Appellant's final vagueness challenge involves the phrase "unless shown to the contrary by a preponderance of the evidence." This phrase allows a skier involved in a collision to rebut the presumption of responsibility/negligence. The problem, again, is to reconcile this rebuttable presumption with established principles governing negligence and comparative negligence. There are two plausible ways in which to interpret this language: first, that the skier must prove he was not "solely responsible" by proving he was not at all responsible; or, second, that the plaintiff must prove he was was not "solely responsible" by presenting evidence of the operator's negligence which outweighs the presumption of the skier being solely negligent.
We reject the first alternative. There is simply no indication in the statute when read as a whole, or in the legislative history of the Ski Safety Act of 1979, which allows us to construe the presumption as requiring the skier to show anything more than evidence of the operator's negligence as outweighing the presumption that the skier was solely responsible. Rather, we construe the presumptive language as consistently as possible with common law principles of negligence. We therefore hold that, while the evidentiary presumption is not unconstitutionally vague, the skier has the burden of rebutting the presumption by presenting evidence of the ski area operator's negligence which outweighs the presumption of the skier's sole negligence.
See Hearings on S.B. 203 before the Senate Judiciary Committee, 52d General Assembly, First Session, Jan. 17 22, 1979; hearing on S.B. 203 before the House Business Affairs and Labor Committee, 52d General Assembly, First Session, March 13, 1979. Tape recordings of these hearings are maintained at the State Archives.
In the ordinary negligence case, the burden is already on the plaintiff to prove by a preponderance of the evidence that the defendant is negligent and that such negligence caused the plaintiff's injury. See City of Grand Junction v. Lashmett, 126 Colo. 256, 247 P.2d 909 (1952). Accordingly, a plaintiff in a ski accident case already bears the burden of proving negligence and causation by a preponderance of the evidence. It follows, therefore, that the presumption is rebutted whenever a plaintiff establishes by a preponderance of the evidence that the defendant's negligence caused the plaintiff to collide with "any person, natural object, or man-made structure marked in accordance with 33-44-107(7) . . . ." We must conclude that if the legislature intended anything greater than such a showing by the plaintiff, it would have specifically so provided.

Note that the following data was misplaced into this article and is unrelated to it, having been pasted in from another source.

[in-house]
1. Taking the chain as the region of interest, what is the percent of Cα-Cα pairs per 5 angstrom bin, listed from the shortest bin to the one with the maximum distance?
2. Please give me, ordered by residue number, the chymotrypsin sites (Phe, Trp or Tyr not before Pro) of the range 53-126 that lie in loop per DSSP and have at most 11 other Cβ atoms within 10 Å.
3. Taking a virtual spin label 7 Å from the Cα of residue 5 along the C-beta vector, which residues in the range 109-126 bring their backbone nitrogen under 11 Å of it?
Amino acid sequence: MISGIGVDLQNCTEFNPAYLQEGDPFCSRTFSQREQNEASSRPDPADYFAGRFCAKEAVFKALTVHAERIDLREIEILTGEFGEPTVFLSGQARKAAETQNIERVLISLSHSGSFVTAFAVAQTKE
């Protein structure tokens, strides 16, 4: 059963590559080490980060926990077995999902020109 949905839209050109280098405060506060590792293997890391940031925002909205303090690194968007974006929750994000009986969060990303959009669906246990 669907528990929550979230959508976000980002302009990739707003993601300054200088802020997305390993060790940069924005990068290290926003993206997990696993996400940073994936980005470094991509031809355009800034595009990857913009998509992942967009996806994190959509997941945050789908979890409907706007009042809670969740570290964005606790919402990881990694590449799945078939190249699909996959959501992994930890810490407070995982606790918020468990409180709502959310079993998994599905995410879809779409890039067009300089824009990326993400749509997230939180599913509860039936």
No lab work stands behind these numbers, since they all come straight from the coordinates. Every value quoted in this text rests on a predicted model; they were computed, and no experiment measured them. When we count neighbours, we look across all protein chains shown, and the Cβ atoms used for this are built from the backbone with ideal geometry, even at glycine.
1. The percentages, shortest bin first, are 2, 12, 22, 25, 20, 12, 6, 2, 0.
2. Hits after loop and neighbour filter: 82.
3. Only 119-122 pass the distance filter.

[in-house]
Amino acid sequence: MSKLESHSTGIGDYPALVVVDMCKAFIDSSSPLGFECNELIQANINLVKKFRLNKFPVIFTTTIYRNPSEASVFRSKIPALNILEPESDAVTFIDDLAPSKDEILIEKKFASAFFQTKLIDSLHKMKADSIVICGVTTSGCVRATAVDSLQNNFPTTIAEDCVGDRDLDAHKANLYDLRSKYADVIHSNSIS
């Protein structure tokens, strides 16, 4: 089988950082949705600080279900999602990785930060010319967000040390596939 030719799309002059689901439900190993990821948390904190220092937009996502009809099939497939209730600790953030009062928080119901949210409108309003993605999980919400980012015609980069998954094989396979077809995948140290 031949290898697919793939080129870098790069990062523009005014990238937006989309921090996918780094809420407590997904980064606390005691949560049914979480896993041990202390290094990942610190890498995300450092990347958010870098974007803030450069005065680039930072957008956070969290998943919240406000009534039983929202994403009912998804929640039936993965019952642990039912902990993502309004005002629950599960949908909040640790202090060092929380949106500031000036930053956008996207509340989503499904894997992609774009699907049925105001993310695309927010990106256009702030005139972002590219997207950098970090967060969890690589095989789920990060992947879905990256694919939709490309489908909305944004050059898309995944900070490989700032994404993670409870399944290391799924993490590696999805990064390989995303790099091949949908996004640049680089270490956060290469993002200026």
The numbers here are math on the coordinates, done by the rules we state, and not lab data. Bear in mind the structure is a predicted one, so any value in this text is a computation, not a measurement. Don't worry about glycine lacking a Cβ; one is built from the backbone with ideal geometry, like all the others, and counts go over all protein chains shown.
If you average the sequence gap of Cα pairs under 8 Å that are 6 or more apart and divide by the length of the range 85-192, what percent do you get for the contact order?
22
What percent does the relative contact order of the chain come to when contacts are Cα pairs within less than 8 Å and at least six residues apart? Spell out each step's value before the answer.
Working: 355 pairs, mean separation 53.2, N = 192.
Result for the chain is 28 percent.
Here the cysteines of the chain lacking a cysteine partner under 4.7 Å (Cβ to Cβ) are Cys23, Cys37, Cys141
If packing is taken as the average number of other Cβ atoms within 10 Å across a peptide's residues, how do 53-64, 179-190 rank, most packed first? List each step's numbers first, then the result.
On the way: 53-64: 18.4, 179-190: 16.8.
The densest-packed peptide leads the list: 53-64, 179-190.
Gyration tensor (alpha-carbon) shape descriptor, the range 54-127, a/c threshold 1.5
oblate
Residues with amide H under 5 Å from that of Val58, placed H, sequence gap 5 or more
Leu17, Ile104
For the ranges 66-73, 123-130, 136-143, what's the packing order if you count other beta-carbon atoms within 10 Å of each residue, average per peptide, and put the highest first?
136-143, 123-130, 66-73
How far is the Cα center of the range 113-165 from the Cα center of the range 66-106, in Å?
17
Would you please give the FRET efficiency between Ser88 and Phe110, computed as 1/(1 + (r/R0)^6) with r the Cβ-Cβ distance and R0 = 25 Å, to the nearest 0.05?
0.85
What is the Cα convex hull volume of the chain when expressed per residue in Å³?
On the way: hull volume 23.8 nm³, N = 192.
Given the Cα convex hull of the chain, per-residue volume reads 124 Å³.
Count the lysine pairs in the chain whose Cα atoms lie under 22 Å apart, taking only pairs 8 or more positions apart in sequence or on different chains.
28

Our construction of the statute, however, is not without practical effect. The ski area operators will benefit when this construction is manifested in the jury instructions. First, our construction entitles the ski area operator to an instruction containing the statutory presumption itself; i.e., that the skier is presumed negligent and that the presumption must be overcome by the skier by a preponderance of the evidence. Colorado Jury Instruction-Civ.2d 3:5 provides the proper framework for such an instruction. Second, the presumption eliminates the need for an instruction patterned after C.J.I.-Civ.2d 9:12 which states: "The occurrence of an accident does not raise any presumption of negligence on the part of either the plaintiff or the defendant." See Kitto v. Gilbert, 39 Colo. App. 374, 570 P.2d 544, 551 (1977). Such an instruction would contravene the language of section 33-44-109(2) and would directly conflict with the instruction containing the presumption.
Our analysis gives effect to the legislative recognition of dangers inherent in the sport while still allowing the injured skier an opportunity to prove his case. In effect, the presumption and appropriate instruction create an additional obstacle for the plaintiff in that they permit the jury to find that the plaintiff did not successfully rebut the presumption.
B. Rational Evidentiary Basis
The appellant next contends that section 33-44-109(2) violates due process because there is no natural and rational relationship between the fact to be proved and the fact to be presumed.